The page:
'The Heartland' Aims To Debunk Myths About The Midwest
History books are often saddled — or blessed, depending on one's perspective — by the context in which they are written.
Kristin L. Hoganson's new book, The Heartland: An American History, is a product of its time — seeking to answer questions about the Midwest that have arisen since the election of Donald Trump.
What do people living there want? Who are they? As commentators played the difference between so-called "coastal elites" and everyone else, interest in understanding whether the Midwest really is the isolationist, change-averse region it was made out to be grew.
In the introduction, Hoganson, a history professor at the University of Illinois, Champaign-Urbana, describes the inaccuracies she hopes to debunk thusly:
"[The] U.S. heartland is more often seen as static and inward-looking, the quintessential home referenced by 'homeland security,' the steadfast stronghold of the nation in an age of mobility and connectedness, the crucible of resistance to the global, the America of America first."
To do this, she begins at the beginning, using the twin Illinois cities of Champaign and Urbana, rural though pushed Democratic by the large population of college students and professors, as an avatar for the region writ large. Before the European colonists made their way west, the land belonged to the Kickapoo people, a Native American and Indigenous Mexican tribe. She opens with them for two reasons: The first is that she thinks their presences has been historically undercovered; the second is to emphasize that the Midwest became part of the United States of America as we know it through forced relocation and colonization. In other words, Hoganson reframes "the heartland" from a passive place to an active one at the front lines, reshaping global politics by expanding a nation.
This framing continues when Hoganson turns to the subject of livestock trading. Before Texas and other states west of the Mississippi River became the hub of beef production in the U.S., the Midwest reigned. A central piece of this was active trade with farmers across international lines in now-Canada and Mexico. This led to a moment of multinational solidarity, where "the commodity producers of the Upper Midwest hailed [Canadian railways] as a means to advance the interests of a different polity: farmers."
Hoganson's goal in this chapter, and a number of others, including ones that focus on hogs and ecology, among other things, is to remind — or teach — readers that the Midwest's "isolationist" reputation is disconnected from its history. "From the nation's founding to 1911," Hoganson writes, "agricultural goods constituted the majority of U.S. exports. Pick up a musty old farming journal...from the Midwest and you will find aspirations of conquering the globe." Rightly orienting the region as a one-time center for international commerce where residents had the aspirations of modern conglomerates is indeed a useful addition to the conversation about place, but its usefulness in debunking the modern perception of the heartland is often wanting.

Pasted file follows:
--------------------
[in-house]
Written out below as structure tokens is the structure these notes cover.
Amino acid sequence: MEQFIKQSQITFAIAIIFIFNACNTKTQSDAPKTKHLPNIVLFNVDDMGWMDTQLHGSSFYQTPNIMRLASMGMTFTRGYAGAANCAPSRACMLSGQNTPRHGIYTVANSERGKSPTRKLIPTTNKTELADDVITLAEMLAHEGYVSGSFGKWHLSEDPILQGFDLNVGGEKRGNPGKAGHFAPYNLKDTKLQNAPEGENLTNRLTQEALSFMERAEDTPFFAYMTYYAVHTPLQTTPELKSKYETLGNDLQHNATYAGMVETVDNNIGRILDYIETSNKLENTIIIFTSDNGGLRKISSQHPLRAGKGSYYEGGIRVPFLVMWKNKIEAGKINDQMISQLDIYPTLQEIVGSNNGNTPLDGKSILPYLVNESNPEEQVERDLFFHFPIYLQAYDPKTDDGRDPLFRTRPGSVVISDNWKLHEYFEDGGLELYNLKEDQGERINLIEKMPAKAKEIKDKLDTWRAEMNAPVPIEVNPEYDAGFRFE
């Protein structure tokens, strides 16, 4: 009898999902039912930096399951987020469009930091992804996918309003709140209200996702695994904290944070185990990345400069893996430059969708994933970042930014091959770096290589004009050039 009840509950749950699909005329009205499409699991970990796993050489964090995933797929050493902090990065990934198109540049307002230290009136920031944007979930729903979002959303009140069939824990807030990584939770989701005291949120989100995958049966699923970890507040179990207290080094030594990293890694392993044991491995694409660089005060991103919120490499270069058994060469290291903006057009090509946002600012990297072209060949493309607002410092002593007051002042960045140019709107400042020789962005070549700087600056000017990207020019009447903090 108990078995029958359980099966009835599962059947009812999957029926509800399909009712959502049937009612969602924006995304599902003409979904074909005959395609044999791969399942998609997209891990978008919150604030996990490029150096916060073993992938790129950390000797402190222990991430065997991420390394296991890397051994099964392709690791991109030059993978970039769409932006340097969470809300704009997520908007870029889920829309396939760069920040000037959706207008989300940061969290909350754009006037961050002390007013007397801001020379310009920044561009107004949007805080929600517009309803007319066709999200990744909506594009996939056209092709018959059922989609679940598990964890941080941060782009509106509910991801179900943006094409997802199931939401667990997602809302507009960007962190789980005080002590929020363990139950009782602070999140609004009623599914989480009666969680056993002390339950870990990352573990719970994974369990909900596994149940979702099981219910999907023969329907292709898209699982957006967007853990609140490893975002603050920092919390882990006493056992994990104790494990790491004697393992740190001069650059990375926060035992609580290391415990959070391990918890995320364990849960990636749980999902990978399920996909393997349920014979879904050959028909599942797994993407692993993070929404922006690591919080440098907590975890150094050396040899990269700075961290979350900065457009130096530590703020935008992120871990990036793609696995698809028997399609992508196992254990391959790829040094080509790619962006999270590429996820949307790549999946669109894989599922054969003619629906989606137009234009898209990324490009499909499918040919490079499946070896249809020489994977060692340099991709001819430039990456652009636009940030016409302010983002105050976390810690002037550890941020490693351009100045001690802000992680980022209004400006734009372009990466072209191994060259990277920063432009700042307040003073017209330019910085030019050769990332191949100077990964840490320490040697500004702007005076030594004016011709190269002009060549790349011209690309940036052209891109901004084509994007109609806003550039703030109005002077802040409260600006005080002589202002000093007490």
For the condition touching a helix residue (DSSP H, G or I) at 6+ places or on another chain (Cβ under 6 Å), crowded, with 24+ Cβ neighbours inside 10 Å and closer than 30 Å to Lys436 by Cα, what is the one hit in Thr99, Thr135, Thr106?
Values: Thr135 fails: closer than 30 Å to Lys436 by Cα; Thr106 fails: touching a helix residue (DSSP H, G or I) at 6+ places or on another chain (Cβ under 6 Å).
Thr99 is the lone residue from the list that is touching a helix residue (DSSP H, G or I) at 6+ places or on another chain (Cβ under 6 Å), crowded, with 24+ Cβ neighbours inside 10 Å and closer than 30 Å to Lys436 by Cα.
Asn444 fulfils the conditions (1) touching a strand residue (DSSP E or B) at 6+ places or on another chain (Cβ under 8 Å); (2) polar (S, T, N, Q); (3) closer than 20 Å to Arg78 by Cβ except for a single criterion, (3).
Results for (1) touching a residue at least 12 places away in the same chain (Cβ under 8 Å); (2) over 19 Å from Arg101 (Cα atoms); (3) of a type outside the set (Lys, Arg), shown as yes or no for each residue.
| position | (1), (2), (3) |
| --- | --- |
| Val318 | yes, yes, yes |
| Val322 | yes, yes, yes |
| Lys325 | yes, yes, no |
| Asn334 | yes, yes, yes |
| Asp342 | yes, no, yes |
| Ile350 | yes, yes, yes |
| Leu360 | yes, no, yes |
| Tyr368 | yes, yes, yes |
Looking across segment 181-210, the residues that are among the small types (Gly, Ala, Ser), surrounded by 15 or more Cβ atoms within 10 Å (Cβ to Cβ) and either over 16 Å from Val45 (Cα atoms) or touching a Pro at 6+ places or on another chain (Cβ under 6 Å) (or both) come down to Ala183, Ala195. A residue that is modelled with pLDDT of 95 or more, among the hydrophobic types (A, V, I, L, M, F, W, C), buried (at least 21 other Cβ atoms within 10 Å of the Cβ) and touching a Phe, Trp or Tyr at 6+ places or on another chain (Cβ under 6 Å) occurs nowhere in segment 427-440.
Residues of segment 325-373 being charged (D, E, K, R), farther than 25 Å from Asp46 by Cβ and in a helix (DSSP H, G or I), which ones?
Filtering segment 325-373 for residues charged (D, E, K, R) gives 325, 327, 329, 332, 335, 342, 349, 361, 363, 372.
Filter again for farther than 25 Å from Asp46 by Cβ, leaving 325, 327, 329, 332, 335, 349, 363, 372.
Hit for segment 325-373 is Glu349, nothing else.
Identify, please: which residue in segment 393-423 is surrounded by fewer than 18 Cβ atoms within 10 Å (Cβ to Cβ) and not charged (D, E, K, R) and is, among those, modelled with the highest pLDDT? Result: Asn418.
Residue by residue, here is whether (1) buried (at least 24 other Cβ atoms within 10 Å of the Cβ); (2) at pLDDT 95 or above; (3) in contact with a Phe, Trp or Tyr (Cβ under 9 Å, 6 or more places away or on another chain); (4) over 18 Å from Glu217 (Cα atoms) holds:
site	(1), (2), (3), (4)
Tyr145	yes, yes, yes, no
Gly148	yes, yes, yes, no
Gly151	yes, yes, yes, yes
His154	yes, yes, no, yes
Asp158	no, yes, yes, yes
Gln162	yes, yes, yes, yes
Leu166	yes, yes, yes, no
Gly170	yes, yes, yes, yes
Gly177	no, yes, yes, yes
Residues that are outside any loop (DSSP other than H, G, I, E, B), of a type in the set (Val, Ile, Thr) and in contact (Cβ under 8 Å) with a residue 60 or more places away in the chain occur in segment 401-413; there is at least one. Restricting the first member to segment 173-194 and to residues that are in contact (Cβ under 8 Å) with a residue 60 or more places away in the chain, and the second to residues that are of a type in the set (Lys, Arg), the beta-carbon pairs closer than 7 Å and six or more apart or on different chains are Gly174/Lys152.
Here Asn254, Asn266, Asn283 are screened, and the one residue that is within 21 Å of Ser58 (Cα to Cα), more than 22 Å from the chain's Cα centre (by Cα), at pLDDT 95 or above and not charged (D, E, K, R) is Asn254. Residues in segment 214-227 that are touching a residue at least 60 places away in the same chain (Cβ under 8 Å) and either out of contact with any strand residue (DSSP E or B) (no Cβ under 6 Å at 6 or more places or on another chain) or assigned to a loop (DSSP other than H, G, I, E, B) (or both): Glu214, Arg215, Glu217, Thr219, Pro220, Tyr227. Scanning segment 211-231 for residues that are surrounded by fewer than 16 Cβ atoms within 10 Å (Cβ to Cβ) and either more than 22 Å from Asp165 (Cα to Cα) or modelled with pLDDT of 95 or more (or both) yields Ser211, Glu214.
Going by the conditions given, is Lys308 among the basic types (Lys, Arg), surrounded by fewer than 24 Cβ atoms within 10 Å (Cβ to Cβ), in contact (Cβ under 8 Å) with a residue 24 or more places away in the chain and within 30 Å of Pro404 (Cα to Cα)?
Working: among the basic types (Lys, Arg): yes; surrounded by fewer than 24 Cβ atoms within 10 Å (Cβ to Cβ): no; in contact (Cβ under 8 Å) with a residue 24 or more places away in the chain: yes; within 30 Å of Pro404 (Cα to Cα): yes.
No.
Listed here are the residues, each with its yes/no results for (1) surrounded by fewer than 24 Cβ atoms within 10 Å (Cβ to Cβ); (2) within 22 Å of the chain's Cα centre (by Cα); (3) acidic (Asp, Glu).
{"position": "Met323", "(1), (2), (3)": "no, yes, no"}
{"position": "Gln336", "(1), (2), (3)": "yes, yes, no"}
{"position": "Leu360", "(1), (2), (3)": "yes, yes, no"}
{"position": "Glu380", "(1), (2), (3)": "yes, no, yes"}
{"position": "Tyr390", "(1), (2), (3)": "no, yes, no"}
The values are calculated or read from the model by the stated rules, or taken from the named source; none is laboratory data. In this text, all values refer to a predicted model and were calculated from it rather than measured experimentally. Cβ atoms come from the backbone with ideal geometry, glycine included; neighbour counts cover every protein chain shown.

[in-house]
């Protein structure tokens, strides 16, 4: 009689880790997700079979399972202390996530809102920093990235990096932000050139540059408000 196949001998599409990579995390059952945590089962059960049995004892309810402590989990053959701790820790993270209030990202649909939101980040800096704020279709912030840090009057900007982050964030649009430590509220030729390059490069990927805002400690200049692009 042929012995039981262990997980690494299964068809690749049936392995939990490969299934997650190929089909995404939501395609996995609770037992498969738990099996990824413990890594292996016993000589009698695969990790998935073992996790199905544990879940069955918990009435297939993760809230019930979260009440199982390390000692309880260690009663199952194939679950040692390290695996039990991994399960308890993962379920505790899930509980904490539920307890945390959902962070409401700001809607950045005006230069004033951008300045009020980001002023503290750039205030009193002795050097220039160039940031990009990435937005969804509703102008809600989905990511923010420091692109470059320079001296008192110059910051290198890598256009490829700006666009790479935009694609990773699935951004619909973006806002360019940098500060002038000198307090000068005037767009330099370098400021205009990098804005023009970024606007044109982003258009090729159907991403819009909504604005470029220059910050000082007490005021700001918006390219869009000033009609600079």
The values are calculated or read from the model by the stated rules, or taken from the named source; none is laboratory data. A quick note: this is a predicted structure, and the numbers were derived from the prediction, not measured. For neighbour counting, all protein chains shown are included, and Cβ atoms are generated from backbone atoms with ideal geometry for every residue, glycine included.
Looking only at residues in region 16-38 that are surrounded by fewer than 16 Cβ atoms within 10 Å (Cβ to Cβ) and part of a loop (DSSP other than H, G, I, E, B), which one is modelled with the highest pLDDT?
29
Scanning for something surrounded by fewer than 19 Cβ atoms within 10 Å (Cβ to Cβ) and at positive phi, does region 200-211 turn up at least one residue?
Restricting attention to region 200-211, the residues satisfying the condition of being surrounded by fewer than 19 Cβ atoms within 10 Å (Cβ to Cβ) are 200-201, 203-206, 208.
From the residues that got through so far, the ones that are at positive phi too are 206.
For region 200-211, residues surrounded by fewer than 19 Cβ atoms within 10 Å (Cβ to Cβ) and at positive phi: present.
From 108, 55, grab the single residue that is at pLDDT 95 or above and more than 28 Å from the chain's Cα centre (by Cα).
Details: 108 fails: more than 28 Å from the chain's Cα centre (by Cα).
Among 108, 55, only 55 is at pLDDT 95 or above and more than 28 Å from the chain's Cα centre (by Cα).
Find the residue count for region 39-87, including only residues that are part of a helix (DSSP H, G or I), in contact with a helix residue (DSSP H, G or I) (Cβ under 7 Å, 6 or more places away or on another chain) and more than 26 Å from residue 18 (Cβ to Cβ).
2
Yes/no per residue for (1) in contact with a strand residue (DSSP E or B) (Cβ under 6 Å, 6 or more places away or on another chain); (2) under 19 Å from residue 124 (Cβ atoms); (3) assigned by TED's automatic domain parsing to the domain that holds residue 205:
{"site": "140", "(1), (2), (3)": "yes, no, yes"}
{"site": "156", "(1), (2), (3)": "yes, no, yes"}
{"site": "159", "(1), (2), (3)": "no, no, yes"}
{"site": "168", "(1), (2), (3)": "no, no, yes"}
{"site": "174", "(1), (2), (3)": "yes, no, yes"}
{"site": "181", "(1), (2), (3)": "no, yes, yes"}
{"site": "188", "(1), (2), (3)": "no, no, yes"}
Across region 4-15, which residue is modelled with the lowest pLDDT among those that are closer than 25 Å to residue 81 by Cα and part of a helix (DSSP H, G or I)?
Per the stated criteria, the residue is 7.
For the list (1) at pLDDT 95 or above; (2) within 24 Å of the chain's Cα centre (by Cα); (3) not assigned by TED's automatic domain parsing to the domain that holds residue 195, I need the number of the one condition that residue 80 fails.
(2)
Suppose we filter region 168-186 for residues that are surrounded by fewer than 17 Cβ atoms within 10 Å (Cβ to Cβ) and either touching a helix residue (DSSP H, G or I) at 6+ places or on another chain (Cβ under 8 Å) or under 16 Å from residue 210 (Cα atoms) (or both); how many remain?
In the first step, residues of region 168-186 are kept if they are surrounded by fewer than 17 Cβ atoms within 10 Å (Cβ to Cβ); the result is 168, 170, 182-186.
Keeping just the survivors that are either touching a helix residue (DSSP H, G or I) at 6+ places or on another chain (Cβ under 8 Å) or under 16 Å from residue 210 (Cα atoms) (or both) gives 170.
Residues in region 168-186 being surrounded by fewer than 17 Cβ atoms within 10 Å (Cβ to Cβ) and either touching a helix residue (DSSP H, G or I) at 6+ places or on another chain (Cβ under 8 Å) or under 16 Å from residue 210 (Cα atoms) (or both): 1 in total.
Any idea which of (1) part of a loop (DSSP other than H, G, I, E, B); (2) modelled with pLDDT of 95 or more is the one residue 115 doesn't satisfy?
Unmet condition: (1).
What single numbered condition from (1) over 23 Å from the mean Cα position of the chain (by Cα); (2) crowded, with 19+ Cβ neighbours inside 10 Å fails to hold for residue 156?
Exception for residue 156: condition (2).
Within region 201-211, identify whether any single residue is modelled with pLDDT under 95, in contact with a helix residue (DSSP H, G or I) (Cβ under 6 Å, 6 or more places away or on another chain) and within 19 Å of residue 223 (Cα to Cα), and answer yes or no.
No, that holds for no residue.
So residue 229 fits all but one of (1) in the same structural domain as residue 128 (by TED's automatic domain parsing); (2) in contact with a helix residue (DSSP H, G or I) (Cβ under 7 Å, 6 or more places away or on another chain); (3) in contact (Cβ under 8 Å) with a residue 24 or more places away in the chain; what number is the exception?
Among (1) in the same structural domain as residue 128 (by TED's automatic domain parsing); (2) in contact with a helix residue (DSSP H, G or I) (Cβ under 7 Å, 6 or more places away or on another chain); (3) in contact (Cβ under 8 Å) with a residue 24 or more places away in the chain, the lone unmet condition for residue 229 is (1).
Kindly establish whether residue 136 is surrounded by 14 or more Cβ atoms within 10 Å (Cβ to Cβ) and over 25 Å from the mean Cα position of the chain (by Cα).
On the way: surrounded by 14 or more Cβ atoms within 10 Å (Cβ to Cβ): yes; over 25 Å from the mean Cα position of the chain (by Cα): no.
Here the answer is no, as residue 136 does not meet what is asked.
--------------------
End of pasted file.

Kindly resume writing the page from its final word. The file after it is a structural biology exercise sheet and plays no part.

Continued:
The conclusion begins by asserting that: "The heartland myth insists that there is a stone-solid core at the center of the nation," but Hoganson never establishes that this is true. For the heartland to be useful as a political cudgel only requires that a campaigner can convincingly describe the Midwest now, not as it ever was and has always been. Hoganson, then, has set up a strawman that she has, nonetheless, eviscerated.
On one hand, this is frustrating. How the so-called heartland is discussed in political discourse is fraught — and a grappling with it from someone of Hoganson's insight and intellect could be exciting to read. On the other hand, it makes no difference at all, because positioning the book as a debunking feels, mostly, like a marketing consideration. The Heartland is a deeply-researched and engaging history of what a place formerly was in a corrective's clothing.
One of the many great choices Hoganson made was including archival clippings from newspapers in between chapters. These are tangentially related to the subjects that surround their placement and they range from whimsical to serious. For example, according to the Urbana Courier from one day in 1911, "Bird vendors with a large assortment of canaries and parrots made the rounds of the business district today." From the same paper, in 1918, Hoganson has one excerpt of a dispatch from a sergeant on the front, and another describing "a shower of butterflies...it extended as far as the eye could reach and even with a telescope it was not possible to find where there were no butterflies."
Alongside these small glimpses into what an Urbana resident might have been reading on a day-to-day basis is Hoganson's writing style itself. She's clear and entertaining, at one point discussing the aristocratic names of purebred Canadian cows ("Lady Highthorn and the Seventh Duke of Airdrie") and at another relaying that people in the late 19th century considered the Berkshire hog a "pig for idealists." She also has a tendency to flip ideas on their heads, using the description of the Midwest as isolationist to discuss the variety of international plant species that populate the land and using the flyover description to discuss the lives of birds from the region.
Those who come to The Heartland seeking an answer for how to understand the Midwest and its immediate political future will not find it. They will find, instead, a much richer, deeply researched book that will remain useful and readable long after the election cycle during which it's being published.
Bradley Babendir is a freelance book critic based in Boston.
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